Beloved President Arthur E. Levine Leaves Teachers College, Columbia University
When Arthur E. Levine assumed the presidency of Teachers College on November 17, 1994, he stated, “To be entrusted with this historic legacy as ninth president of Teachers College is the greatest honor of my life.”
On May 24, 2006, the trustees of Teachers College and about 500 guests assembled to bid a reluctant farewell to a much beloved president. Levine is assuming the presidency of the Woodrow Wilson Foundation in Princeton, New Jersey.
Amidst speeches and applause, tears and kisses, surrounded by a compendium of “who’s who” in education, a doctoral music student played the old favorite, “Don’t know much about history…”. A whimsical visual showed Levine throughout the years from babyhood to the present illustrating his remarkable trajectory from a humble apartment in the Bronx, New York to his studies at Harvard and eventually, Teachers College.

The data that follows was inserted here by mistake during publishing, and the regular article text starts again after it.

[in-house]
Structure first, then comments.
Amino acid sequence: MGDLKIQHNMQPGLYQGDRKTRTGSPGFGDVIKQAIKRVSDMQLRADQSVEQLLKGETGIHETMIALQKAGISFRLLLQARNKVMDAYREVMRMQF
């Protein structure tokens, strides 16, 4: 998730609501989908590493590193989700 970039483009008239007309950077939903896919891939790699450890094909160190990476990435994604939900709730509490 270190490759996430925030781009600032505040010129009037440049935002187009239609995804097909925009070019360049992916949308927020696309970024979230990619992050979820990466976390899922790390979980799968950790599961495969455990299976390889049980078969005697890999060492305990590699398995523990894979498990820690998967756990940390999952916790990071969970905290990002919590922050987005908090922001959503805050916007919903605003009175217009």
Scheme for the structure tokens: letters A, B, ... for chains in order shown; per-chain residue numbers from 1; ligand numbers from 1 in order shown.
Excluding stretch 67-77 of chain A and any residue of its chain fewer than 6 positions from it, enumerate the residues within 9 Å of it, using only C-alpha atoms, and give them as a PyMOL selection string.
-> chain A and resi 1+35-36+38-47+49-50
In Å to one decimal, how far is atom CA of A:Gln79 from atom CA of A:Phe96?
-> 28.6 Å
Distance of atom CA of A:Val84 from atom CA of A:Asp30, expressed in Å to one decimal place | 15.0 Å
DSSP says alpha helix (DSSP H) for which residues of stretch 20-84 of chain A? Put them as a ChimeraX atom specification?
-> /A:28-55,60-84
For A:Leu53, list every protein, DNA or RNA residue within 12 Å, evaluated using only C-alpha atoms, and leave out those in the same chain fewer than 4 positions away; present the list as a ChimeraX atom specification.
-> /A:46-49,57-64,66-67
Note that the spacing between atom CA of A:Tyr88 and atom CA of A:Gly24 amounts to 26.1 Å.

Levine’s scholarly research interests range from ensuring national fiscal equity in education to a Latino family that is currently living in his old Bronx apartment, visiting and sharing their lives and education. His acute observations and erudition are legendary; he’s also very much a humanist. Words that he uttered en passant will always linger with me: the danger in our society is not that there are beggars and hungry people on our streets. It’s that we pass them as if they’re invisible.
William Rueckert, Trustee of Teachers College and a scion of the Dodge family, founders of Teachers College, shared the following sentiments with the assemblage: “Arthur, you’ve done everything an institution can ask of its president and more. And somehow you’ve managed to be yourself—an honest, caring, tough, gentle individual who tells it straight and acts on his beliefs. So Arthur, we wish you success and God speed, happiness and peace of mind. In the words of your hero, Edward R. Murrow—‘Good night and good luck.’”